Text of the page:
Yes, we, as humans, have been around for thousands of years, roaming the earth in all sorts of footwear and a lot of the time in plain old bare feet. But the thing is that the environment that we live in has changed – quite a lot for most of us. We did not evolve to be walking around on artificial, hard surfaces all day long and our feet were not made to be cramped up in little foot coffins (shoes) for a lot of the day. These two things force our feet to flatten, twist and compress with each step.
We also have changed what we do during the day – less tree climbing, less mountain climbing and fossicking, instead watching more TV, sitting at desks and wearing high heels or hard business shoes. So when we do go and push ourselves physically it is a bit of a shock to the system because more often than not our bodies are deconditioned and are put under more stress and strain than they are used to.
Let us not even get started on the flip flops, heels, ballet flats and other poor fitting shoes that really mess with our feet. Far too often are shoes worn for their good looks rather than their functionality?
Luckily, this is where orthotics comes in. They can be slipped into almost any shoe (meaning you can still look good!) to do the job of absorbing undue pressure, correcting proper bio-mechanics and supporting your arch.
So what can orthotics help with?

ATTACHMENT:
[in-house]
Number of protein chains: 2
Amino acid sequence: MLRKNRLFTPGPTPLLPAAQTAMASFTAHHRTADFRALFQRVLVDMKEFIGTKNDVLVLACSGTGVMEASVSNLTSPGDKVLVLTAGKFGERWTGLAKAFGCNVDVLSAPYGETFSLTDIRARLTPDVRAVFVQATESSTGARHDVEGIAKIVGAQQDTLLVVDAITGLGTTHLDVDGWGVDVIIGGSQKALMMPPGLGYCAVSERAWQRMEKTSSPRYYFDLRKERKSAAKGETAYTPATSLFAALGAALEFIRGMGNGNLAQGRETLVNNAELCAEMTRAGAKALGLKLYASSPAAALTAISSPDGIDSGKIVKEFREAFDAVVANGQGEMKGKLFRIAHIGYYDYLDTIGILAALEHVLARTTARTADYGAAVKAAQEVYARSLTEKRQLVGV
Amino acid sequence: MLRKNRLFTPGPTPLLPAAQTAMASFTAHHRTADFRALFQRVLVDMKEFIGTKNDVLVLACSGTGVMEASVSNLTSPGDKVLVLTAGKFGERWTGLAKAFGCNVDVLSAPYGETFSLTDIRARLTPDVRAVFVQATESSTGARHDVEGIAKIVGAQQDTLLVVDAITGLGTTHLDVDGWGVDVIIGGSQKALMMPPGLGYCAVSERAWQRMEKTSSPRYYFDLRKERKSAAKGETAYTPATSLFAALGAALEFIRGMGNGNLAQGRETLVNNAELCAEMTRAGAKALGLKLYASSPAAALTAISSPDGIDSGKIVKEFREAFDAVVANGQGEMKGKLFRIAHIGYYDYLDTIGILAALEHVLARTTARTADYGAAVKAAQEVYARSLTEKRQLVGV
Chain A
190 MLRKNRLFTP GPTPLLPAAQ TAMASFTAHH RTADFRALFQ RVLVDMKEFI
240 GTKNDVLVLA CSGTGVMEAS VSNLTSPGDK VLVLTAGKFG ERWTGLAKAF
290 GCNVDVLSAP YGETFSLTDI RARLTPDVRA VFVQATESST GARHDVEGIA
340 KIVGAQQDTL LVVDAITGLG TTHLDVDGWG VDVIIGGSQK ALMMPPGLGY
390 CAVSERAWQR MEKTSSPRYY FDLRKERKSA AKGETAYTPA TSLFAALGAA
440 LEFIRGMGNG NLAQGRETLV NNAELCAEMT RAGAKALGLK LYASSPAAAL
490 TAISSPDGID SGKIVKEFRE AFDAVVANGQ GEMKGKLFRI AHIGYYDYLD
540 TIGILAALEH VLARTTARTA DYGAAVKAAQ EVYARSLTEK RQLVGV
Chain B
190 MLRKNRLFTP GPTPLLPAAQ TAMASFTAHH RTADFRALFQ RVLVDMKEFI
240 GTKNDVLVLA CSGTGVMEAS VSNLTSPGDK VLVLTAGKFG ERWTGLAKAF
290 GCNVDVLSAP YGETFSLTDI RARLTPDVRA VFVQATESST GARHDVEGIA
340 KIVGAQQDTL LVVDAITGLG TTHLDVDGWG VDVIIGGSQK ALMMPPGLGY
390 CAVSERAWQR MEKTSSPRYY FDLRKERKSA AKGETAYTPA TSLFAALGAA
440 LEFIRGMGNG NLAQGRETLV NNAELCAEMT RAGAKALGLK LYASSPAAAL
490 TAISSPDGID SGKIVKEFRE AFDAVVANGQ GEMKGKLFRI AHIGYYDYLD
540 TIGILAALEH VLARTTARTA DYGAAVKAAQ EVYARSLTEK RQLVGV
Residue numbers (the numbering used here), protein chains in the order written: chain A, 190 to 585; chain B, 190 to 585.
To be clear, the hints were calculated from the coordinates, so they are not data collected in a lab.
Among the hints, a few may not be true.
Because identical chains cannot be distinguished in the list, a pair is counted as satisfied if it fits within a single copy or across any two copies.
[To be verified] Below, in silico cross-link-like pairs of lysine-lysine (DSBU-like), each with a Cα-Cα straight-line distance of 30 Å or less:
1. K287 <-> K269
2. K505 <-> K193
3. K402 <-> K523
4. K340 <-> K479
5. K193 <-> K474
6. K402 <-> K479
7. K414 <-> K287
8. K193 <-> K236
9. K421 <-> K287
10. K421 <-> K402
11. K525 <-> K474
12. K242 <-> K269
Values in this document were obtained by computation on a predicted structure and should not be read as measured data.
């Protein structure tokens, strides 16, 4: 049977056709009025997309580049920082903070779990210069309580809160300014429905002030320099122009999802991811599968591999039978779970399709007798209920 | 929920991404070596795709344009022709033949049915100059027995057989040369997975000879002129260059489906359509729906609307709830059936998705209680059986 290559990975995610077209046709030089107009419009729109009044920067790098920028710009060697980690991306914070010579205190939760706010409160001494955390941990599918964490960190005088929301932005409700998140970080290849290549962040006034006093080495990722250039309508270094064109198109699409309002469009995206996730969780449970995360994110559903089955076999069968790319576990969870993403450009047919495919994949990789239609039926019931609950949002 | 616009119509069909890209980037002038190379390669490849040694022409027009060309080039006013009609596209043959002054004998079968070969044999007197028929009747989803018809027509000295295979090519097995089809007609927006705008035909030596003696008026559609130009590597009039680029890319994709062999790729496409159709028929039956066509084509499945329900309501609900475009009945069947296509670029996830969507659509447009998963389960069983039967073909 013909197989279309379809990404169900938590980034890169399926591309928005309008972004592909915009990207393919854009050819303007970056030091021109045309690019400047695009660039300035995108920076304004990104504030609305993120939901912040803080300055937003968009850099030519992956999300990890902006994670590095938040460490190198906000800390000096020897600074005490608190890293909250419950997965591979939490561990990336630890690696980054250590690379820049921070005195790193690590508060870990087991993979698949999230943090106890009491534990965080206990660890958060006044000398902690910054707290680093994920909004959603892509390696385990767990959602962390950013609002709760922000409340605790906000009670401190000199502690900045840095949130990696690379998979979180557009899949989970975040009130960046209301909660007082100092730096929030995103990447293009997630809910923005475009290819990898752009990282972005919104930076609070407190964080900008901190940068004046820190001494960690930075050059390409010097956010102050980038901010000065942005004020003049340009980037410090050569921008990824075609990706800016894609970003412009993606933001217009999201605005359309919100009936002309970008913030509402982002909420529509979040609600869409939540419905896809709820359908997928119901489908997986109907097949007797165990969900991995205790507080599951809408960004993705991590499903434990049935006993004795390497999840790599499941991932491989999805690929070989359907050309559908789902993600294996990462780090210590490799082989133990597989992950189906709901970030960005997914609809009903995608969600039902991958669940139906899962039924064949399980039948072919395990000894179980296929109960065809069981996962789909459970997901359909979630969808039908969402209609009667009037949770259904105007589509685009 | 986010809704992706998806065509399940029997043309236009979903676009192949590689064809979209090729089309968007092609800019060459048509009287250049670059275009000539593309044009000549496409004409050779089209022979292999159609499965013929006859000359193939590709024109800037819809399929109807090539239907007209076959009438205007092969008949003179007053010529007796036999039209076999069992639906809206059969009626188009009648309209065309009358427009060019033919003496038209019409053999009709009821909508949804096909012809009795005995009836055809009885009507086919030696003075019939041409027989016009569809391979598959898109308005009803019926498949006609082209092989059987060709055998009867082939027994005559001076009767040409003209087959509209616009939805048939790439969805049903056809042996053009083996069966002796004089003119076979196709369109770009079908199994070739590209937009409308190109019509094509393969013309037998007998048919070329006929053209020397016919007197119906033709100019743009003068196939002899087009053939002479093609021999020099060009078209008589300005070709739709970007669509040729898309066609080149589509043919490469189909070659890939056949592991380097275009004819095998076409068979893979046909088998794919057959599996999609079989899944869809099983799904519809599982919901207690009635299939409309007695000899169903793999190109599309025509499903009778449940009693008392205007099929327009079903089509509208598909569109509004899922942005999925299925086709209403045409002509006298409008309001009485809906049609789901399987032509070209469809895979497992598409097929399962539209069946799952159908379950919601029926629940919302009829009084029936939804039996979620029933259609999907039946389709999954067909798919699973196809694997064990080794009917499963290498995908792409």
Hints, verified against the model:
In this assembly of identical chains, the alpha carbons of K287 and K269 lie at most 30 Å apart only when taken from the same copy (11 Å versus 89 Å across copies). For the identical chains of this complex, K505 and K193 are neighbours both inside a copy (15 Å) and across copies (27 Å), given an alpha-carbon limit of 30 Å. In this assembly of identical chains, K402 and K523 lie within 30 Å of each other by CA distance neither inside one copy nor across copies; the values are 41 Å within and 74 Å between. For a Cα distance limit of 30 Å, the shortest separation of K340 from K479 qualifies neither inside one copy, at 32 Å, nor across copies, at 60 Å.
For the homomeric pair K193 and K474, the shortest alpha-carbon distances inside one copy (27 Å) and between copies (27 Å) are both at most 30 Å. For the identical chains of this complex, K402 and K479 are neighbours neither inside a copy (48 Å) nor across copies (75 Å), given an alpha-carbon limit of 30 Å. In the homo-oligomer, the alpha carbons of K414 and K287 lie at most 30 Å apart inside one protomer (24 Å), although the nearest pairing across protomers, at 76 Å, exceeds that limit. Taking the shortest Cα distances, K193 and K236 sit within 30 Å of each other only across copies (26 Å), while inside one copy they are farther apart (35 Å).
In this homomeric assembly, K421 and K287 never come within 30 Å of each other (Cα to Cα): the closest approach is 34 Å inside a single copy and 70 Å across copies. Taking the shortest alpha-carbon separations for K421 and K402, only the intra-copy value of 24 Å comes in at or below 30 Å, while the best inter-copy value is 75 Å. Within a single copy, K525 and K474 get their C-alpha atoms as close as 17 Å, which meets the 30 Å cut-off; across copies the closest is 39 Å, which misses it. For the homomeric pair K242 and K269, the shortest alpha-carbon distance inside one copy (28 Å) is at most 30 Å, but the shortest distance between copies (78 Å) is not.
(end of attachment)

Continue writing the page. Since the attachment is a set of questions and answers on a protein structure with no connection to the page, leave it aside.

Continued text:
The main areas that orthotics can help with are:
- Low back pain
- Knee pain
- Shin pain
- Achilles pain
- Foot pain or plantar fasciitis
If you are having trouble in any of these areas, it may be worth asking your physiotherapist if orthotics would help you. Physiotherapists are perfectly placed to prescribe the right orthotics for you – if they are even needed. And remember, a treatment plan for any injury or pain is not just about wearing the right shoes or orthotics, often it can include the right strengthening and stretching exercises and possibly even changes to your lifestyle habits. This is because orthotics do help, especially in the short term but it always pays to address any strength deficits as well, for long term relief.
A physiotherapist can help guide you through making changes that, in the long term, will save you money, save you a lot of pain and discomfort, and help you get the most enjoyment out of life.
How do you really know if they will help you?
There is actually a great test a physiotherapist can do that will give us a better idea if orthotics can help. A physiotherapist can strap up your feet in such a way that they mimic the effects of orthotics – leave this on for up to 2-3 days and if this helps you then orthotics generally will too!
Shaun Clark (Physical Therapist)
New Zealand Physiotherapy blog
Compiled By; Nellie Nthiga,
C&P Health Center.